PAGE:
Some more established lenders provide online application technology that will give immediate quotes based on the borrower and the deal. This can be helpful to originators because of the different factors that work together to determine the terms of approval. In this lending space, FinTech, or financial technology, is becoming increasingly important for efficiency and accuracy, because it removes much of the guesswork in the process so there are fewer surprises.

Individual investors will usually be the personal guarantors for the loan, but the borrower of record is their entity, such as an LLC or corporation. This shouldn’t be a hurdle because serious investors have an established entity or entities for a few strategic reasons anyway. Non-recourse loans, where there is no personal liability, are limited in availability because of the extended risk with these loans.

To ensure completion of the project, the lender will usually set up a “repair escrow” at closing. The investor will request draws as they reach milestones. At these points, the lender will usually have inspections performed, and then they will release the funds based on the inspection. This should be a quick and efficient process so that cash flow into the project stays on track.

Originators will want to make sure their investor clients understand this process and/or have the experience necessary to bring the project to completion. They also will want to vet the lenders to make sure the draws will go smoothly. One bad project can sour the originator’s relationship with the client or the lender, or both.

Bridge loans take a considerably shorter amount of time to close compared to traditional financing.  

Experienced investors also will have an “exit- strategy” to pay off the loan, whether by selling the property or refinancing it as an income- producing rental. A few lenders offer rental financing as well so that the originator can efficiently help the investor refinance the bridge loan into a 30-year mortgage when renovations are completed, often with little effort because all of the information is already on file.

A growing number of investors are seeing the upside of holding properties, so this may be an important consideration for originators looking for bridge lenders. For those clients who don’t qualify for conforming refinance, they may need private-money term loans instead.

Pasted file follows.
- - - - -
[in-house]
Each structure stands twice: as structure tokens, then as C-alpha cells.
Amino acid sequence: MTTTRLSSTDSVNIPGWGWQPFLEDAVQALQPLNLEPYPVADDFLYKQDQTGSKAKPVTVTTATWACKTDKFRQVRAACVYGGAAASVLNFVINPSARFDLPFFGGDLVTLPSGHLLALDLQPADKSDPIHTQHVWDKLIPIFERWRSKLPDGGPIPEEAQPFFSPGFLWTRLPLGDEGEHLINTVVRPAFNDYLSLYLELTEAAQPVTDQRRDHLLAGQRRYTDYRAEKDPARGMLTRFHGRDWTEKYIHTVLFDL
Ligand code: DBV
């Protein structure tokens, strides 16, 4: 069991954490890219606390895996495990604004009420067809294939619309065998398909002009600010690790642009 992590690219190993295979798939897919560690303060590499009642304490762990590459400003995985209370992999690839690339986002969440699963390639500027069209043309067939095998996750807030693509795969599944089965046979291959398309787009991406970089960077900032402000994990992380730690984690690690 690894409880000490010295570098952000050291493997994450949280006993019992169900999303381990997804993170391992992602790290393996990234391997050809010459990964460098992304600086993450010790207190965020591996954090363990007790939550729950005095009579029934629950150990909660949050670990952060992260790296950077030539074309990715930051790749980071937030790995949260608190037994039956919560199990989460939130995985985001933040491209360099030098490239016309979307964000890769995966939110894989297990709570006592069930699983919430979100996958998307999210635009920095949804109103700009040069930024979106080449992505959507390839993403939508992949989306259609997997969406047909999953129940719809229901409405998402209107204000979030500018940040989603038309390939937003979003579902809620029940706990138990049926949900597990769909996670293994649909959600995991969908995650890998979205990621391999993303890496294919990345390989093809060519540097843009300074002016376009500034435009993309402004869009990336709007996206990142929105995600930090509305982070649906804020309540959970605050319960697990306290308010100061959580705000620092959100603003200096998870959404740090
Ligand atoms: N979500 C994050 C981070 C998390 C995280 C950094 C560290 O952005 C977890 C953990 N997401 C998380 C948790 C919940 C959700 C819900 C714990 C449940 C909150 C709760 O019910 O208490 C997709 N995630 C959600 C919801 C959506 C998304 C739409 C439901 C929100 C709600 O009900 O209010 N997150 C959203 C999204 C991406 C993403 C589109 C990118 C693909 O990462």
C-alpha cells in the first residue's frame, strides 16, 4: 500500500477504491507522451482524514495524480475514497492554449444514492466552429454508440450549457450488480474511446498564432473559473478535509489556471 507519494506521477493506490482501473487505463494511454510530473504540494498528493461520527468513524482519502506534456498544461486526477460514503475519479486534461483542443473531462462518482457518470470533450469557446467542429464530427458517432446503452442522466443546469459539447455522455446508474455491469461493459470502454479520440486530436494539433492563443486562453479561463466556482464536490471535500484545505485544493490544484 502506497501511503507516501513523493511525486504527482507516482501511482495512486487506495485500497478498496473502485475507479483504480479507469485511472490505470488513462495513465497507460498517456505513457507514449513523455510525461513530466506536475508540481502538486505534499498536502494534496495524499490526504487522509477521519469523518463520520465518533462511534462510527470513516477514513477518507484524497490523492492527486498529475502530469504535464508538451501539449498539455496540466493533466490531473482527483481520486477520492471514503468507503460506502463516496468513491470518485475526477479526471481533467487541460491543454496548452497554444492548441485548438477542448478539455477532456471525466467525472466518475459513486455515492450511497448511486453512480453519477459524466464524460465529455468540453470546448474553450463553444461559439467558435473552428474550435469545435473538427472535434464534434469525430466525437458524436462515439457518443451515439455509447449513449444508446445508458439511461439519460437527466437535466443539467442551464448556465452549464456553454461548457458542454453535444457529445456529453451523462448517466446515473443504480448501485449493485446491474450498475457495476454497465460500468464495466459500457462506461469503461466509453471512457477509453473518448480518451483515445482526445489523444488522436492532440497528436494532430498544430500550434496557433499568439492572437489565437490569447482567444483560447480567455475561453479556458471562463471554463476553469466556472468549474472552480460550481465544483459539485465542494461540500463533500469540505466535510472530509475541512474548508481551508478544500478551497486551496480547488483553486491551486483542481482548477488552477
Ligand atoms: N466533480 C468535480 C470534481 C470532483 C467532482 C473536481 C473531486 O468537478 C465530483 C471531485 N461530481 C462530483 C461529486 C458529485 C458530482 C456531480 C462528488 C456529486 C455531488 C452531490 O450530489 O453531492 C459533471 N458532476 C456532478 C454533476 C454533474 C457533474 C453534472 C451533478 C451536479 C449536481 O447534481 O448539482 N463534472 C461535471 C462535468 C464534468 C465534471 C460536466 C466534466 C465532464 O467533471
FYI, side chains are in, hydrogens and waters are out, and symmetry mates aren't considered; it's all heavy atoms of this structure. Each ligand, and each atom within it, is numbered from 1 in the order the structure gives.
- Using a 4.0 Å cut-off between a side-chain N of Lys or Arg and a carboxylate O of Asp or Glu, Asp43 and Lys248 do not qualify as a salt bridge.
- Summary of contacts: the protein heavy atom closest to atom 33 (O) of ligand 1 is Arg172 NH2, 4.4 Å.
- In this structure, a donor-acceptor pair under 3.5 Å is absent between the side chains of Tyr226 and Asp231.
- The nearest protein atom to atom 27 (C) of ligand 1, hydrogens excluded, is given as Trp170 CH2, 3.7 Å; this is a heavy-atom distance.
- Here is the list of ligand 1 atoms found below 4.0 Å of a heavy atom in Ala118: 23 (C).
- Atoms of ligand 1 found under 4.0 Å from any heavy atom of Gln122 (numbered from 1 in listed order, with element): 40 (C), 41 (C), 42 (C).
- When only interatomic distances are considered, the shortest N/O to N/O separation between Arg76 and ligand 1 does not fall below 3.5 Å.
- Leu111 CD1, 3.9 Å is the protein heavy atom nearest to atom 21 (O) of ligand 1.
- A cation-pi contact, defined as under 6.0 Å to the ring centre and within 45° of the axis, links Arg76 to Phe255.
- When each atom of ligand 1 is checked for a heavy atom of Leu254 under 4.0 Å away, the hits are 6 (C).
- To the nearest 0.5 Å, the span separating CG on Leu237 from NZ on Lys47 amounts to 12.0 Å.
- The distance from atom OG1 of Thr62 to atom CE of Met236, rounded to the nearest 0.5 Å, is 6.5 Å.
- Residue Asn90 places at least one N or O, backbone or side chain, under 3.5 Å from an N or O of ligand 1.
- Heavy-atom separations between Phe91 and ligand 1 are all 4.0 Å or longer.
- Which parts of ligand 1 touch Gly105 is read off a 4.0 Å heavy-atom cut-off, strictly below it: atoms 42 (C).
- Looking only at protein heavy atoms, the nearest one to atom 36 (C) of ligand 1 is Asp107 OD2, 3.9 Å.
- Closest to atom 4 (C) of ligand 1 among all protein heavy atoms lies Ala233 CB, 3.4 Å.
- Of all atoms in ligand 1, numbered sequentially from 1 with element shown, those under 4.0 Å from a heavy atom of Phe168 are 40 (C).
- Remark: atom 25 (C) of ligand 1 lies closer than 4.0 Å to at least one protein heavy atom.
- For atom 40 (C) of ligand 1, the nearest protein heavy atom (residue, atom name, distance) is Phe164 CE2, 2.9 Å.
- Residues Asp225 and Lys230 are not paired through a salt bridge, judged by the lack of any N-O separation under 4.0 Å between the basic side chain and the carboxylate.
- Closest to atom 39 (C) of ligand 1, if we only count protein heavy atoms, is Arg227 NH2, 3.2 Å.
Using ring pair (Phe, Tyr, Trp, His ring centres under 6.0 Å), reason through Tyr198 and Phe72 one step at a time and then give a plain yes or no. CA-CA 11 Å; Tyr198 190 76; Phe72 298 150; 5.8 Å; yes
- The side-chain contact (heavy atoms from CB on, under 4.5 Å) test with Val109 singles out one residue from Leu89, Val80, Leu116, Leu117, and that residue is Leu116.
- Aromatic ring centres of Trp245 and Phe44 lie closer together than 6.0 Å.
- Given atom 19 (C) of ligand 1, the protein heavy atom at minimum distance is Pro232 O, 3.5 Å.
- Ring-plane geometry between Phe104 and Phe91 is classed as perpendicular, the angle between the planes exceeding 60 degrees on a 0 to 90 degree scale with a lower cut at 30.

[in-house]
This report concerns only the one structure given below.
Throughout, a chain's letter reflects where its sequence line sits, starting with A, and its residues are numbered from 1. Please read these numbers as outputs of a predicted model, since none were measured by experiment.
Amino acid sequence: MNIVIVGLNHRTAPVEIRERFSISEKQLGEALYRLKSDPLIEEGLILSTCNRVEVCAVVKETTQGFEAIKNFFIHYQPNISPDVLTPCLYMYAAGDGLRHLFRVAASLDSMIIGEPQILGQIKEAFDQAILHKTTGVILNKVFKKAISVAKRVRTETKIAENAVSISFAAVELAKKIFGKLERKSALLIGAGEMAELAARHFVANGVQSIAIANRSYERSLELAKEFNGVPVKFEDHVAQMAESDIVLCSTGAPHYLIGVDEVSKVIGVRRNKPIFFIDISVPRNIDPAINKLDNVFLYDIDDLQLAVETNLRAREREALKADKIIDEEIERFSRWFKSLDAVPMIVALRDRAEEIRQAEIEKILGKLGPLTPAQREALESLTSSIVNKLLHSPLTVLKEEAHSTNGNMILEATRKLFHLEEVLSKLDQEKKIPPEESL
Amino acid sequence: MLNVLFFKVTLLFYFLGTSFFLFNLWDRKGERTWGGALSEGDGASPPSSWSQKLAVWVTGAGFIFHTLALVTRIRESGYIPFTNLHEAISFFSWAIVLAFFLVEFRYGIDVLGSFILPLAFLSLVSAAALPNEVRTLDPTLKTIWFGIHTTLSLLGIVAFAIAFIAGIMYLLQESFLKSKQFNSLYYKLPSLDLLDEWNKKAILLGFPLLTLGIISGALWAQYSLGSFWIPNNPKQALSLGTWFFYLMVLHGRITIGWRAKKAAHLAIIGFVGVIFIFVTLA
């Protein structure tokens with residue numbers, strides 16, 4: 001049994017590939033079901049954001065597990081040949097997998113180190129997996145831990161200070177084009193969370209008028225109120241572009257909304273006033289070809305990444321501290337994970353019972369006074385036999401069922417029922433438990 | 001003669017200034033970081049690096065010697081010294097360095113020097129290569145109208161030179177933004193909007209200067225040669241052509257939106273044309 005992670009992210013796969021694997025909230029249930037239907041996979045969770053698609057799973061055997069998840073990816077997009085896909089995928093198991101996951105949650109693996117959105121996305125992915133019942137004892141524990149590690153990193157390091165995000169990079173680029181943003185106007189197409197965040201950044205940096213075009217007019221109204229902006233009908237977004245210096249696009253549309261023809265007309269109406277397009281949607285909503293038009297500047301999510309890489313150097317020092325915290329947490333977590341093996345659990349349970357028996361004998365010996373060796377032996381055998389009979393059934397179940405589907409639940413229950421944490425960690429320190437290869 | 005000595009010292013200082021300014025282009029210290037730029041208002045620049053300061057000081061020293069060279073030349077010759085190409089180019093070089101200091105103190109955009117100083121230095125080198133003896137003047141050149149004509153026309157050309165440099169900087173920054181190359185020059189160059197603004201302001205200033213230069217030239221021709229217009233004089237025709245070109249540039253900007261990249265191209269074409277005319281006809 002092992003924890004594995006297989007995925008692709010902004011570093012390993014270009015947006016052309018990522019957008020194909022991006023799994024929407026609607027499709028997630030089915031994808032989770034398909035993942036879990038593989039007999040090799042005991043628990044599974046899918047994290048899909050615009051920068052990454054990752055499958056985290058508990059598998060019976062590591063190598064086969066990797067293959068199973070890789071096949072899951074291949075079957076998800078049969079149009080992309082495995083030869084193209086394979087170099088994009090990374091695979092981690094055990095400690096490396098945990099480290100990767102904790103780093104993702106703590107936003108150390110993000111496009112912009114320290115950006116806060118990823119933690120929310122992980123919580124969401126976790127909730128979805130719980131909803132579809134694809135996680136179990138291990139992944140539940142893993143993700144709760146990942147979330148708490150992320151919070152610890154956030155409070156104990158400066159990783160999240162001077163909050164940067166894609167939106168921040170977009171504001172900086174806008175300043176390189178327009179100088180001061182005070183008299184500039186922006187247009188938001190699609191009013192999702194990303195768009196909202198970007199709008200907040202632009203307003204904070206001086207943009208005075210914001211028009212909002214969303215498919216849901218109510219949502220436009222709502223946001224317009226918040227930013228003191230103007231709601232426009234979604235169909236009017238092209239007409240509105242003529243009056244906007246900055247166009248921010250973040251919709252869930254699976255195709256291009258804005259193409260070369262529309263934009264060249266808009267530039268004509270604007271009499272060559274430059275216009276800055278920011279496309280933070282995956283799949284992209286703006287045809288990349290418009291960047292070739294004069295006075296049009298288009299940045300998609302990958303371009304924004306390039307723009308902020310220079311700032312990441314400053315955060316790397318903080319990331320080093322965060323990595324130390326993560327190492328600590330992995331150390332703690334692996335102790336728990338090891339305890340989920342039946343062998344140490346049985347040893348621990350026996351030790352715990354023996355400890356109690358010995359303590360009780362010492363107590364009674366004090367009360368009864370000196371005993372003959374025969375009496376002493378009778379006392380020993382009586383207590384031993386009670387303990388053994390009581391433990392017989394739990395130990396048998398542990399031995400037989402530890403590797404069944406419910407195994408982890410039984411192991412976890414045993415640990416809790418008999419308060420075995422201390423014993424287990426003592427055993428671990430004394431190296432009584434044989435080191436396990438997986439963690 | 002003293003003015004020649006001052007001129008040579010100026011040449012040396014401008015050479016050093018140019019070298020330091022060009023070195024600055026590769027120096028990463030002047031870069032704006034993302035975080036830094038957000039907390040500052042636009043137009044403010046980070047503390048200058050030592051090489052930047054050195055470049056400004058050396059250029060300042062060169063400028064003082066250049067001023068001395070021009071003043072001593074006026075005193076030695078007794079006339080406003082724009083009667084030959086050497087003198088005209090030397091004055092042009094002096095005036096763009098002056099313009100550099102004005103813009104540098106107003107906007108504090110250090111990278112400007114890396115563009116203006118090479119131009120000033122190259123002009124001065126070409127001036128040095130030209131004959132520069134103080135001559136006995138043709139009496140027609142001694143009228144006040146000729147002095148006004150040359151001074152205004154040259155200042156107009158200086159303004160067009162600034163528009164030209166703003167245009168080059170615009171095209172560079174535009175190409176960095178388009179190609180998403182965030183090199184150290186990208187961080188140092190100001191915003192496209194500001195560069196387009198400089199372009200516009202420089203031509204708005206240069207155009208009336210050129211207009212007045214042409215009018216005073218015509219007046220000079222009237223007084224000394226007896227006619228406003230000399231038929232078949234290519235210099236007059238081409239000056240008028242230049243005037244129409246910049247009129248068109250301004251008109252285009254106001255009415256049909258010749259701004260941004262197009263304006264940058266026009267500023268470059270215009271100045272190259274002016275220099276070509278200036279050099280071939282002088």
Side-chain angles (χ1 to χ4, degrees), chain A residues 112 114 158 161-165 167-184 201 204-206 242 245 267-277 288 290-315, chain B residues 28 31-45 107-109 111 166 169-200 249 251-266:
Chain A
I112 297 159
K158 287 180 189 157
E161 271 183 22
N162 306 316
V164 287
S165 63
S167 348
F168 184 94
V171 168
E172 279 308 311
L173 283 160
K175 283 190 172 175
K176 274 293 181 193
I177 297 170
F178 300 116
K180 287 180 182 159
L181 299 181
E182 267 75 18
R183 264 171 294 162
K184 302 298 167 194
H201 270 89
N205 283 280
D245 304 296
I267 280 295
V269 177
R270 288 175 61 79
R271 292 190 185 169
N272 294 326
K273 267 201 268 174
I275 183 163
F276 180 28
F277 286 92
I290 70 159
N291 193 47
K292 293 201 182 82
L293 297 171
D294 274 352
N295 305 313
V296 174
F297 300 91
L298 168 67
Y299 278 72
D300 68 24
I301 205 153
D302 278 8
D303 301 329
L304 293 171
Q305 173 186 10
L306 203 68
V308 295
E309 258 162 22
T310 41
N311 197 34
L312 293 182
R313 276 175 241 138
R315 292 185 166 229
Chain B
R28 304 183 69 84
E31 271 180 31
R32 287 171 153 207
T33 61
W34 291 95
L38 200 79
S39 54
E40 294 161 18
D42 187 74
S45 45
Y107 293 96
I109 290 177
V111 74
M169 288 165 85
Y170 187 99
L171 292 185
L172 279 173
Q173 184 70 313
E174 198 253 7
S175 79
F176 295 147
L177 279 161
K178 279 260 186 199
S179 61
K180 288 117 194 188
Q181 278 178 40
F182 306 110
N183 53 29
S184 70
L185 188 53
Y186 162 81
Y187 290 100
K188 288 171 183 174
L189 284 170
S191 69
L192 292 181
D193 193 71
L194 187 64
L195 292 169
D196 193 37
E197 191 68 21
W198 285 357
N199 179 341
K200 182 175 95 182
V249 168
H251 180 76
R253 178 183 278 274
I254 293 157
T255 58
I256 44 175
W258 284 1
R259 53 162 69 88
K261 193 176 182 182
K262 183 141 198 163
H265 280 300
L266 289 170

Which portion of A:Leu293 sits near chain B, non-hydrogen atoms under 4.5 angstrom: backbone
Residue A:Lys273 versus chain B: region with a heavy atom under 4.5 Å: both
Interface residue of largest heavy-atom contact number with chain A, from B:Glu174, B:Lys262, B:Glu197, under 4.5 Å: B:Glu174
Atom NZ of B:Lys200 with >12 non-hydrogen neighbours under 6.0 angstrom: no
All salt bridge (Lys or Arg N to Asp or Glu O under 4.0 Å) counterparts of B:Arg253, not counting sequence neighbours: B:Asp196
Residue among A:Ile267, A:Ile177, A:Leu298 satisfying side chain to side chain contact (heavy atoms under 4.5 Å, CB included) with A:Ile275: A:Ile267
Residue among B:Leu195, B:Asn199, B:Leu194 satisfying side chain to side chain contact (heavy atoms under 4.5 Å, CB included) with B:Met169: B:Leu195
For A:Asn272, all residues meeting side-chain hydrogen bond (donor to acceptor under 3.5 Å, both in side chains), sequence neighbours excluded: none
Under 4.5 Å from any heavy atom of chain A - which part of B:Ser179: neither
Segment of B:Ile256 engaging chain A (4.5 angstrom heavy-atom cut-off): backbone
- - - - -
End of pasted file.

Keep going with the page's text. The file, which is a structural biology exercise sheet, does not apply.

Opportunities abound

For residential mortgage brokers or independent originators, bridge loans can be a lucrative product. According to Attom Data Solutions, in this past second quarter, investors financed an estimated $4.4 billion in flipped homes, a  29 percent increase from the $3.4 billion financed  during the second quarter of 2016 and an almost 10-year high.

Serious investors are constantly active in the fix-and-flip or fix-and-hold market. Some may do one deal at a time, while others complete multiple deals at once. Building a relationship with an investor provides an originator with an ongoing opportunity for consistent and reliable business, which is usually not the case with residential lending.

Additionally, originators can have greater confidence in fast and successful closings because experienced investors are familiar with bridge loan financing, and bridge loans take a considerably shorter amount of time to close compared to traditional financing. The end result is more deals and faster closings, which translates into quicker and more frequent commissions.

Beyond the direct benefits originators get from offering this product, just having it in their arsenal can be a real conversation starter with Realtors and other groups of trusted advisers. Some Realtors specialize in the real estate owned, or REO, market, and bridgeloans are a great way to open doors to this segment.

Investor-borrowers also can make introductions to their Realtors. Most have “go-to” agents they use in different markets, which originators can potentially add to their own network. This also can work the other way. If an investor decides to sell a property instead of holding it as a rental and needs a Realtor, this can be a potential lead for one of the originator’s Realtor partners. Once this network is created, it can provide more and better opportunities for presenting bridge loan products as well as loan programs in the future.

•  •  •

Thousands of investors have relied on bridge loan financing to help generate substantial wealth and cash flow. These loans have an impact beyond just profit or a commission, however. This impact is felt in neighborhoods and residents that benefited from the work of these investors, which turned home values around in certain areas and contributed to stabilization of previously blighted communities.

The takeaway seems clear. If you are a residential mortgage broker or independent originator, and you don’t yet offer this product, you could be missing opportunities.